Nonetheless, virtually the same contract was forced through just after the holidays with the collusion of the union’s craven international leadership. Under the new agreement, pensions are being eliminated for new hires and frozen for existing employees; scheduled wage increases will not keep up with inflation; out-of-pocket health care costs will skyrocket; and contract signing “bonuses” will be eaten up by taxes. In addition, the 8-year extension means that the workers’ hands will be legally tied for nearly a decade, while the company works to dismantle the union in all but name.

Boeing is the last company that can claim economic hardship. This is a company that recently received the biggest state tax break to a corporation in US history: $8.7 billion through the year 2040. In addition, over the last decade, Boeing received $1.8 billion in federal income tax rebates on its $35 billion in US profits. In 2012, Boeing CEO Jim McNerney was compensated to the tune of $21.1 million.

All this while over a quarter of Americans working in the private sector make $10 or less an hour. According to a report by the National Employment Law Project, two-thirds of America’s low-wage workers are employed by corporations with more than 100 employees, 92% of which were profitable in 2012, and 63% of which are even more profitable now than they were before the recession.

The absurdity of this situation and this system is patently obvious to millions, and yet no clear lead out of the dead end of capitalism is being given. No wonder there is a pervasive malaise in society. Mass shootings, road rage murders, rising suicide, spousal, and child abuse rates, and killing someone for texting in a movie theater are not the product of a healthy society.

There is a quiet but growing heroin epidemic in states like Vermont. Nationally, drug overdoses have tripled since 1990—more people now die from an OD than are killed in motor vehicle crashes. The birthrate in the US has dropped to its lowest level since 1920, as growing numbers of young people “don’t want to bring a child into this world.”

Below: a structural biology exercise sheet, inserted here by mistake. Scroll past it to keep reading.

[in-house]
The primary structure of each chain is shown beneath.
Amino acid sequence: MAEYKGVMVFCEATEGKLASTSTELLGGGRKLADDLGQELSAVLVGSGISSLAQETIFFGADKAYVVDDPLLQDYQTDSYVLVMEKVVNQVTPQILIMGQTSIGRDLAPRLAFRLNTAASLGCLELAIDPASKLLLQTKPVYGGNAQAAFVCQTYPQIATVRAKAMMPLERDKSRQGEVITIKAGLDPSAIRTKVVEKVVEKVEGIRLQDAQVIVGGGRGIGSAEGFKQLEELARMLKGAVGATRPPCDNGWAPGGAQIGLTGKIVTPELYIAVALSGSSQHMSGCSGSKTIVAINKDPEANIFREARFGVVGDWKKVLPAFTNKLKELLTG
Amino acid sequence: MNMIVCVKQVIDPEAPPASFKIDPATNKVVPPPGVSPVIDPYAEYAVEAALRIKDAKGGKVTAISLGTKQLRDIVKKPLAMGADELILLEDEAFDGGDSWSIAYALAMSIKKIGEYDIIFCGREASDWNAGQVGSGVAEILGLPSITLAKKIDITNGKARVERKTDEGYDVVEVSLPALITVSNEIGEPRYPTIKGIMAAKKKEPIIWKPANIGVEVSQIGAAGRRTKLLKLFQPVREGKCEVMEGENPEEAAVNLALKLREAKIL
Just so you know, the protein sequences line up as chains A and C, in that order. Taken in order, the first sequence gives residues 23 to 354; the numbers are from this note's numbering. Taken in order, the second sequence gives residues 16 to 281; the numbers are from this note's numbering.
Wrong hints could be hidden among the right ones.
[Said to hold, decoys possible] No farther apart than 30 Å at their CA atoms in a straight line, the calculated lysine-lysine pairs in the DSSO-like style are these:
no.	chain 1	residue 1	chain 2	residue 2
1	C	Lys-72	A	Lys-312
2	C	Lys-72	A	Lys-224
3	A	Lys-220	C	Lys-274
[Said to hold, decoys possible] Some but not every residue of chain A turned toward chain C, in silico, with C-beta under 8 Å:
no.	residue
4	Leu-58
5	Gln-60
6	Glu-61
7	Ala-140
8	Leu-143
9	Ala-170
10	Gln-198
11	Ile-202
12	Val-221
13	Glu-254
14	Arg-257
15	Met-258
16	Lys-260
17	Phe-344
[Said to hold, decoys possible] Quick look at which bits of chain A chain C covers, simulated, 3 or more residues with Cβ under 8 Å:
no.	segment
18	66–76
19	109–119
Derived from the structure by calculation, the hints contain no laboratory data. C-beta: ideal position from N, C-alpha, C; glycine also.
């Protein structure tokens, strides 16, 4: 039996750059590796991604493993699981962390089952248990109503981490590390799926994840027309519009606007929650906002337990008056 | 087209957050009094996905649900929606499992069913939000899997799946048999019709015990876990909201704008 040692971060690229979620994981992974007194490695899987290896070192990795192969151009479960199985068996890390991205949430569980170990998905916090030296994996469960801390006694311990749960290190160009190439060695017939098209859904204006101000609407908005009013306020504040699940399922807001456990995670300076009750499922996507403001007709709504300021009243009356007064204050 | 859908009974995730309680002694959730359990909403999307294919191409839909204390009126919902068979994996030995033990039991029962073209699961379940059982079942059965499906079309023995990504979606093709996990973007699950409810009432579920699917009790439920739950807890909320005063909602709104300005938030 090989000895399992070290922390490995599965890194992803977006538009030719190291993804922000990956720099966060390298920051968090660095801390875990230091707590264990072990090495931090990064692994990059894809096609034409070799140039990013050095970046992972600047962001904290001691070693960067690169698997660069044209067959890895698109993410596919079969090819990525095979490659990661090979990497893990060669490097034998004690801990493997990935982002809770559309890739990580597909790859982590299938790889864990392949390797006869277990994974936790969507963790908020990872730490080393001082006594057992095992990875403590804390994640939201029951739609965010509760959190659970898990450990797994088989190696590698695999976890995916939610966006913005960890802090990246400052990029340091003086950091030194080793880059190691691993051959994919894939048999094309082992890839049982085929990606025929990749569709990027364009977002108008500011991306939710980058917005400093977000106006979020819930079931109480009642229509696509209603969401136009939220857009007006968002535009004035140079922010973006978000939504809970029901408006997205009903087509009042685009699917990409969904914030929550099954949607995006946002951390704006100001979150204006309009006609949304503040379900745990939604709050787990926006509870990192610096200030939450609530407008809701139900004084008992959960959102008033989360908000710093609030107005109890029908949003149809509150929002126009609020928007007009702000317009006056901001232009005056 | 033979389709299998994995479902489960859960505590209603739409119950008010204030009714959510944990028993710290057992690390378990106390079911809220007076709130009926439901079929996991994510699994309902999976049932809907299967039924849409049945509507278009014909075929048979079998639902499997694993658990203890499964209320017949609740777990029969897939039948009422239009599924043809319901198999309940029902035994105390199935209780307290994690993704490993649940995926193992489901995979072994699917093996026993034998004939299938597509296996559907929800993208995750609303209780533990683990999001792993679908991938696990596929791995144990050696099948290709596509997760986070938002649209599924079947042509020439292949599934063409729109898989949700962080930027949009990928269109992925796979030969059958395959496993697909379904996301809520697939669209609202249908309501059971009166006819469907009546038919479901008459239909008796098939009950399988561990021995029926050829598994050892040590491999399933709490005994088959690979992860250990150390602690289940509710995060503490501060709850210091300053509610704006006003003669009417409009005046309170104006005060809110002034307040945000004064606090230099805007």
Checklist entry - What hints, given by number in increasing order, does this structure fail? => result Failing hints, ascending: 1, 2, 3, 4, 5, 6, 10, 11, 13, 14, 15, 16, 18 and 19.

Human consciousness reflects the objective conditions that surround us. A diseased society cannot but have an effect on our individual and collective psychology.

But as the old adage says, “the darkest hour is before the dawn.” The consciousness of American workers and young people is changing and we are beginning to fight back. After decades of blaming individuals for their problems and looking for individual solutions to the misery of life of capitalism, the realization that we need collective action to confront a collective problem is beginning to take root. With no real and lasting solution possible under capitalism, the long-simmering discontent will in time transform into a raging boil.

Young people are mobilizing and fighting to raise the minimum wage and to organize fast food and WalMart workers. Disgusted with the class-collaboration policies of their leaders and tired of being sold out time and again without a fight, rank-and-file opposition currents are beginning to form in unions around the country.

The Chicago teachers have given a hint of what is possible. From the IAM workers recently betrayed by their leaders at Boeing, to the APWU postal workers and the Los Angeles teachers’ union, the current labor leadership is being put on notice: the old approach and the old leaders will not do.

Without a strategy of class independence and militancy, more defeats are inevitable. But if the opposite approach is taken, hard-fought victories can inspire workers nationwide and jumpstart the long-overdue revival of organized labor.

But collective action at the workplace is not enough. As our regular readers know, Socialist Appeal has since its launch been an advocate of a mass party of labor based on the unions, armed with a socialist program. The idea that the unions must break with the Democrats and form a party to fight for the working class is overwhelmingly popular with rank-and-file workers and young people we speak too. However, this enthusiasm is usually accompanied by the comment: “but the unions will never break with the Democrats.” We say: “Never say never!” Six years into the “school of the Democrats,” increasing numbers of workers have had enough.